I have almost certainly seen movies worse than Kick-Ass 2 this year, but I’m not sure I’ve seen one I so intensely disliked. No, I wasn’t offended by hearing teenagers (and faux teenagers) swear nonstop. That’s a complete nonissue for me — except that as much as I’m neither offended, nor shocked, I’m equally unamused by it. For that matter, I’m not particularly offended by the movie’s violence. I am, however, troubled by the film’s base hypocrisy that its excesses are all OK because, it says, all this violence and killing is — you know — bad (all the while gearing up for more). I’m also more than a little wary of the movie’s overall mean tone. This is really a nasty little movie. And, no, not in the over-the-top silly satirical manner of Machete (2010) or Hobo with a Shotgun (2011). This is simply a deeply unpleasant work — not to mention overlong, over-stuffed and underdeveloped. Worst of all, though, Kick-Ass 2 thinks it’s clever and subversive, when in fact it’s merely tedious and obnoxious — and possibly downright toxic.
I can’t compare it to Matthew Vaughn’s 2010 original because I never saw that. However, Vaughn’s other films — Layer Cake (2004), Stardust (2007), X-Men: First Class (2011) — suggest his film had to better than this … thing from writer-director Jeff Wadlow, who has never made an even passable movie (a record unblemished by this). This entry appears to pick up where the last left off. Dave Lizewski (Aaron Taylor-Johnson looking way too old for this) has given up his Kick-Ass persona. Mindy Macready (Chloe Grace Moretz) has also stopped being Hit-Girl, because her guardian, Detective Marcus Williams (Morris Chestnut) disapproves — he’s taken over her care after the death of her father (Nicolas Cage) in the first movie. A lot of the film’s story concerns the Dave and Mindy going on and off the idea of returning to crime fighting (they have all the timing of Rhett and Scarlett in this regard). Meanwhile, Chris D’Amico (Christopher Mintz-Plasse), has given up his status as Red Mist and restyled his character as a super villain calling himself “The Motherfucker” (no fooling), who is out to avenge his father’s death. (Fatherhood is a dicey business in these pictures.)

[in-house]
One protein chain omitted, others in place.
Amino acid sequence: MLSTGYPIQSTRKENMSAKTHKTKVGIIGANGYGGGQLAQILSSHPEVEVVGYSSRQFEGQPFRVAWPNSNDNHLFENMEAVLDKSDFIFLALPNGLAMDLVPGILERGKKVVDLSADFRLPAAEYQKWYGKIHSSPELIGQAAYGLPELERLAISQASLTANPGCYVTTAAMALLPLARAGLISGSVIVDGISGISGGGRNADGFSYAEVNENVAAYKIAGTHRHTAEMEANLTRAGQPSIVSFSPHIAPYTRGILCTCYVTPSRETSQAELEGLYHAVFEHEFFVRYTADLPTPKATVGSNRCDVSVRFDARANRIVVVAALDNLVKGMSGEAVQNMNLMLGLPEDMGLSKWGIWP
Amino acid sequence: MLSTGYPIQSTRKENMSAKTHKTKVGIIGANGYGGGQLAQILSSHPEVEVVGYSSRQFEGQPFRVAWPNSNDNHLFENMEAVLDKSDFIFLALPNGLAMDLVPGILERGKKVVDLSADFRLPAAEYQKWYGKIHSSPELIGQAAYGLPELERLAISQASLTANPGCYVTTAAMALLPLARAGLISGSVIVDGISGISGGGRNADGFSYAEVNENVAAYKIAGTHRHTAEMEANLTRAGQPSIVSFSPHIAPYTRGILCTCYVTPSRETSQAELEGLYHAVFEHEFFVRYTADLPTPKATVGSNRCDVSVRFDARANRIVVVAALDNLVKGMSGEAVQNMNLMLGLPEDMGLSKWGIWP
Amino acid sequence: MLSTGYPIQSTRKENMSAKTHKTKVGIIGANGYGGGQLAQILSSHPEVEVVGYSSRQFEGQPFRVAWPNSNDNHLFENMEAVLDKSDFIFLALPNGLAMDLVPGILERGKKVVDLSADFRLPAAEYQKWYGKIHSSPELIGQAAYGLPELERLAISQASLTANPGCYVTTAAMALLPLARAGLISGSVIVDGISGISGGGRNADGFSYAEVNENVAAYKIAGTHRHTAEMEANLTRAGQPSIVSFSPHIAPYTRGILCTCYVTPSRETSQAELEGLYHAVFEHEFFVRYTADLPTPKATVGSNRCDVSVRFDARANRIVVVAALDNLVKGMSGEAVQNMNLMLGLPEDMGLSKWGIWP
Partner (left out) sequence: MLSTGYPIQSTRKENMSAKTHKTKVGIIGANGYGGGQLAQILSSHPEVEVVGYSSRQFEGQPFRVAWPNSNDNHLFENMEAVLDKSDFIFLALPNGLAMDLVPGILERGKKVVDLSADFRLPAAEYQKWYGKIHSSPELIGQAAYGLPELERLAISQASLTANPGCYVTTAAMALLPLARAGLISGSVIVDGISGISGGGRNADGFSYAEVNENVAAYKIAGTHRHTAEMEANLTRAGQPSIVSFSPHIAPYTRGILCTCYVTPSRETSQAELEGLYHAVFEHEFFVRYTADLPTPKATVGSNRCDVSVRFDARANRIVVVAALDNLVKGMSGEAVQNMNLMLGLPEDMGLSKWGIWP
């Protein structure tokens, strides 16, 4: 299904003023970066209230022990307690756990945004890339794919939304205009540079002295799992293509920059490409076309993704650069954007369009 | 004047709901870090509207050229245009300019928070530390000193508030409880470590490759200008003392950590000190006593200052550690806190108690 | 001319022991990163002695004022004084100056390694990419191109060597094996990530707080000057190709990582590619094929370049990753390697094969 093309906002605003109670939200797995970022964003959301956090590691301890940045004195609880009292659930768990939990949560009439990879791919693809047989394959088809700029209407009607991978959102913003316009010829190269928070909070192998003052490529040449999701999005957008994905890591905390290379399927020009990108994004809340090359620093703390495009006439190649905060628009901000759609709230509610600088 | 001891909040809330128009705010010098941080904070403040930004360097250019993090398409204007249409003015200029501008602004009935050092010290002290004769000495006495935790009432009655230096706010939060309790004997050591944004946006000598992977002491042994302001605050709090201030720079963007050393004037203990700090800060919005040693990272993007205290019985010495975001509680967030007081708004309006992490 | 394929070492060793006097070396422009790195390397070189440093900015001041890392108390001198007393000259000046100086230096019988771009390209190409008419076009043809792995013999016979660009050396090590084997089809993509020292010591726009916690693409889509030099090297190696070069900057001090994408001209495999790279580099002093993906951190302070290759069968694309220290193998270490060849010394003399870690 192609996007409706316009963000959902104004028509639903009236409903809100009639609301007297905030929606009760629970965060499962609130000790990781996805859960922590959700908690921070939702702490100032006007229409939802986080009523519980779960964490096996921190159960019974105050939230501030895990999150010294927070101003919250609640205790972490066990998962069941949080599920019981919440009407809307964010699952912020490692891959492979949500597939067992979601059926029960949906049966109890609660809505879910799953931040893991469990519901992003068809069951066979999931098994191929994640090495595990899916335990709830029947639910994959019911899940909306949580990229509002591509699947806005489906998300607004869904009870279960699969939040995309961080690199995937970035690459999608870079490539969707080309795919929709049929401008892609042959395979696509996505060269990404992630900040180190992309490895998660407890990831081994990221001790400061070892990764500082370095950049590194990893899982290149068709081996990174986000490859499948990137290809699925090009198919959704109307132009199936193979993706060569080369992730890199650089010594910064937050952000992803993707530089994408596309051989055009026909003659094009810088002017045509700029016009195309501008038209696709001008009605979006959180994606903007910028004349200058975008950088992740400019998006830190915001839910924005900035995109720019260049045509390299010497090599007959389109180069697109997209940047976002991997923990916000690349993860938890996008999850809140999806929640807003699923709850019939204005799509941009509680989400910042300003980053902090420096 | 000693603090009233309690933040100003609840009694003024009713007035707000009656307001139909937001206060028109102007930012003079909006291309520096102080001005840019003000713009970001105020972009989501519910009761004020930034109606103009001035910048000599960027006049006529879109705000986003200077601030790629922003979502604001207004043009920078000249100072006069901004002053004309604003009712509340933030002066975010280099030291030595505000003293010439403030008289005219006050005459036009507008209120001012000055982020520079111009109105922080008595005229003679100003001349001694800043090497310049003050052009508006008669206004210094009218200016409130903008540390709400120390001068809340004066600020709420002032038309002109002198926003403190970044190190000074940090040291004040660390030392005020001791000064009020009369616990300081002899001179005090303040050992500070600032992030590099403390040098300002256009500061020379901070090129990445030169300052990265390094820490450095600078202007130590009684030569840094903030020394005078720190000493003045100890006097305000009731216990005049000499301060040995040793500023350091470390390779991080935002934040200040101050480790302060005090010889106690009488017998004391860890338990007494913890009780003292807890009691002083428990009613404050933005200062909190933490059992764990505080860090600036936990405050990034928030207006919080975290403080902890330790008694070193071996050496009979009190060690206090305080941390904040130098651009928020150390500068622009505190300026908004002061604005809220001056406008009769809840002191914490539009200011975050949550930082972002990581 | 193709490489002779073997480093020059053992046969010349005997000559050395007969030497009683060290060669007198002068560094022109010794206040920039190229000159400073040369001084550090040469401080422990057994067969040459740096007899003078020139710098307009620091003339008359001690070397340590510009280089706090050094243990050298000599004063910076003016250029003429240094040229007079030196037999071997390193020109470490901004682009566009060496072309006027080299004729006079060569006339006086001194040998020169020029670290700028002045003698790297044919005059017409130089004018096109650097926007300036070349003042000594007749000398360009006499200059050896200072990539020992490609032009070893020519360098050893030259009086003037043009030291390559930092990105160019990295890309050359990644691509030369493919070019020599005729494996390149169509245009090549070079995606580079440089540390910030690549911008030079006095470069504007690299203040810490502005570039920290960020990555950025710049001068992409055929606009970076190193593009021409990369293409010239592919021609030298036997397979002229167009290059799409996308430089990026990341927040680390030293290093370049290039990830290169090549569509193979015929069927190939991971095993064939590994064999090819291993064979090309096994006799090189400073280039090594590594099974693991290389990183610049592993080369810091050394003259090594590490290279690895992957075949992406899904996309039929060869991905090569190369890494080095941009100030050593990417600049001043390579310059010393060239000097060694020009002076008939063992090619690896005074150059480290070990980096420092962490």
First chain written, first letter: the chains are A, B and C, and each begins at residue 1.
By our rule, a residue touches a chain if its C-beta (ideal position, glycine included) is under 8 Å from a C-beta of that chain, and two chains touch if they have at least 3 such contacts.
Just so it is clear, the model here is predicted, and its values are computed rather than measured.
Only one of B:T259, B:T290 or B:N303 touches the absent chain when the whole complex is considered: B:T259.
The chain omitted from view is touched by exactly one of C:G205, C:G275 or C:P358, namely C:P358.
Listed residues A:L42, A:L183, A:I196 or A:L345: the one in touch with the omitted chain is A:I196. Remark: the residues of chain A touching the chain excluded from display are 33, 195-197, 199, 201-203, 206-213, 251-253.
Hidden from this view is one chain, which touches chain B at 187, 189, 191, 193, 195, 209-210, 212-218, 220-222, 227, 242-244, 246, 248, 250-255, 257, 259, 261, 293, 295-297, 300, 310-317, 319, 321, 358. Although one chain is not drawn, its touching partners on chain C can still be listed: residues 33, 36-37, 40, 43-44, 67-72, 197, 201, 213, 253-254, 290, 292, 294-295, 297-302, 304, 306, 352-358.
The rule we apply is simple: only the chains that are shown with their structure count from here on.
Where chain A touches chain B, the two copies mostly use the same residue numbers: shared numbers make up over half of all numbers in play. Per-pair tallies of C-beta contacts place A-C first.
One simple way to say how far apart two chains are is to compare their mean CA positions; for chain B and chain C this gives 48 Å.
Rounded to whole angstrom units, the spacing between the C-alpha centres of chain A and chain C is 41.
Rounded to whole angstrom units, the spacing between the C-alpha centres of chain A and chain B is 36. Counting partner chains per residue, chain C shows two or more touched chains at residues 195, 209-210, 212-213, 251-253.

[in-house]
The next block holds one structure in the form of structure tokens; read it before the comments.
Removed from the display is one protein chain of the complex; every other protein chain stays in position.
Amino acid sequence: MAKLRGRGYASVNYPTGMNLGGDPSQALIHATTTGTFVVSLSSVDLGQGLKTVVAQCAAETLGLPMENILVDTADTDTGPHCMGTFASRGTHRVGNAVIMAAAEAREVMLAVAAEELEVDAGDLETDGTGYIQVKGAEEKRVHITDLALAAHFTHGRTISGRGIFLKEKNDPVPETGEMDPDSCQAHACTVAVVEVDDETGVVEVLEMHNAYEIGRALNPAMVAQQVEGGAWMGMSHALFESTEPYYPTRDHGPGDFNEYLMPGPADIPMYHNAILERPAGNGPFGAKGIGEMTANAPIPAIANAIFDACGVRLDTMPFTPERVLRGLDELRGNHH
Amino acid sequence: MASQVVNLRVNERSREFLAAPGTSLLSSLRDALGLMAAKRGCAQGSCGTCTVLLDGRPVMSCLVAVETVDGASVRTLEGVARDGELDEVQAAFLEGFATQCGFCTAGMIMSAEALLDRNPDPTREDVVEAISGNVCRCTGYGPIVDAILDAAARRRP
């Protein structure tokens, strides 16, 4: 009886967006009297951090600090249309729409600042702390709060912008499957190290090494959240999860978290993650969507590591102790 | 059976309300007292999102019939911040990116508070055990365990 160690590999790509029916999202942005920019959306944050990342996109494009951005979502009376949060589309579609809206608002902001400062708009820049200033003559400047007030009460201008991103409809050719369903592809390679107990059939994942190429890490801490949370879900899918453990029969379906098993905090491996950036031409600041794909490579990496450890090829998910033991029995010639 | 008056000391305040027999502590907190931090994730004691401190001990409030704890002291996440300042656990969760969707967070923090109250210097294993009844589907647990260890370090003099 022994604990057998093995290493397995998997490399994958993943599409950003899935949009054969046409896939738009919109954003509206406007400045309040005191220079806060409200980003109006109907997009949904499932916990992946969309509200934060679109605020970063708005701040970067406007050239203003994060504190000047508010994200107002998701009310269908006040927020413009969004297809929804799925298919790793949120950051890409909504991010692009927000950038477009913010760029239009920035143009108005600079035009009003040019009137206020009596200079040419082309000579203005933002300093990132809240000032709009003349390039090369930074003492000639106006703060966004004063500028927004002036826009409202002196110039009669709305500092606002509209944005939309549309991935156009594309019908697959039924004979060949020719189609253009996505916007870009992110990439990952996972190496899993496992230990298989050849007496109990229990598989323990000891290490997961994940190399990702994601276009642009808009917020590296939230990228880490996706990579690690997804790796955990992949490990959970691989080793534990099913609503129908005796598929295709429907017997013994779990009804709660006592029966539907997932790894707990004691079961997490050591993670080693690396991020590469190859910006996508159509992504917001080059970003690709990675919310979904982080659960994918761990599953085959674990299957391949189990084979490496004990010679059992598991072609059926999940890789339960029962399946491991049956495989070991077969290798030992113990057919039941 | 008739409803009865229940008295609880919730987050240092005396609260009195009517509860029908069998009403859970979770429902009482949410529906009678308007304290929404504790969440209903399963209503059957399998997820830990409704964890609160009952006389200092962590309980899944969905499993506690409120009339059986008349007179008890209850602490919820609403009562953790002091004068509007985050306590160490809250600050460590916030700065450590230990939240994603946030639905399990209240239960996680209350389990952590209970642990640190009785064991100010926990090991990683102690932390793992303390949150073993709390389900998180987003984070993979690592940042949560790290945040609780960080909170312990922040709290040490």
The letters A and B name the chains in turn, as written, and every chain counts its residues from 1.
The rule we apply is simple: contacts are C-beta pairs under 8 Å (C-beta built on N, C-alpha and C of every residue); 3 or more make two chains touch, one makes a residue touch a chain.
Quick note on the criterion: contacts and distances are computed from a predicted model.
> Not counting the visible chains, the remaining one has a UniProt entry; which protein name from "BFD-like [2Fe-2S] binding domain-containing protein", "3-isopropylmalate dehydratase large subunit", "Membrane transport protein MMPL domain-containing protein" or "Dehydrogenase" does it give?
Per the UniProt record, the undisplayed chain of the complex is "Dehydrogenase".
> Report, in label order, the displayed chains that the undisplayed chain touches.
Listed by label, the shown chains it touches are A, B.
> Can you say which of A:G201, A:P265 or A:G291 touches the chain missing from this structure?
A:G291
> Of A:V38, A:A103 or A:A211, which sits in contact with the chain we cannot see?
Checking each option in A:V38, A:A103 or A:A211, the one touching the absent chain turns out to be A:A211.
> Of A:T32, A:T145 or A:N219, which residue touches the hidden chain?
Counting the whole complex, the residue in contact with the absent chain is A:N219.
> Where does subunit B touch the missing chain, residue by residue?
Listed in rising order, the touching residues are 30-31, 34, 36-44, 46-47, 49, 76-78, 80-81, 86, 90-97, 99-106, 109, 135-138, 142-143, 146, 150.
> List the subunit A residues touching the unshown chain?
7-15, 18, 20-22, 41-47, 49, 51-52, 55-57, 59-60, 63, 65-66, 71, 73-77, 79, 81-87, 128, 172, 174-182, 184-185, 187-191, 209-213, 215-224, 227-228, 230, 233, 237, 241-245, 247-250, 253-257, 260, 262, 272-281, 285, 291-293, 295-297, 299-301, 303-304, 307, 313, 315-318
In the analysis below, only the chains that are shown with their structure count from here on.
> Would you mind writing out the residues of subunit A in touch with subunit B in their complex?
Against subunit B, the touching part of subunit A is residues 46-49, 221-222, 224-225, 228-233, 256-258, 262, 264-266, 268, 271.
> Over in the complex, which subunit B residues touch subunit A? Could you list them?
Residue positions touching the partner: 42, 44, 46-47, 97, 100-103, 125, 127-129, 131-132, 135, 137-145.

Predictably, all this leads to a big showdown with Kick-Ass, Hit-Girl and their minions vs. “The Motherfucker” and his henchmen. To get there, though, we have to plow through what seems like hours of Mindy trying to be a regular girl — a doomed attempt that results in her attacking the school’s mean girls with a device that induces projectile vomiting and explosive diarrhea. (Yep, this is just as puerile and tasteless as it sounds.) There’s also a segment involving Kick-Ass getting involved with Colonel Stars and Stripes’ (Jim Carrey) vigilante “super-hero” organization — which at least ties in to the good-guys-vs.-bad-guys climax. But so what? It’s all incredibly predictable, flatly executed and no fun at all. Actually, if it weren’t for the film’s nasty tone, it would have no personality at all. Strictly for those who are into foul-mouthed teens, fans of pointless violence and admirers of bad CGI arterial spray. Rated R for strong violence, pervasive language, sexual content and brief nudity.
Playing at Carolina Cinemas, Epic of Hendersonville, Regal Biltmore Grande, United Artists Beaucatcher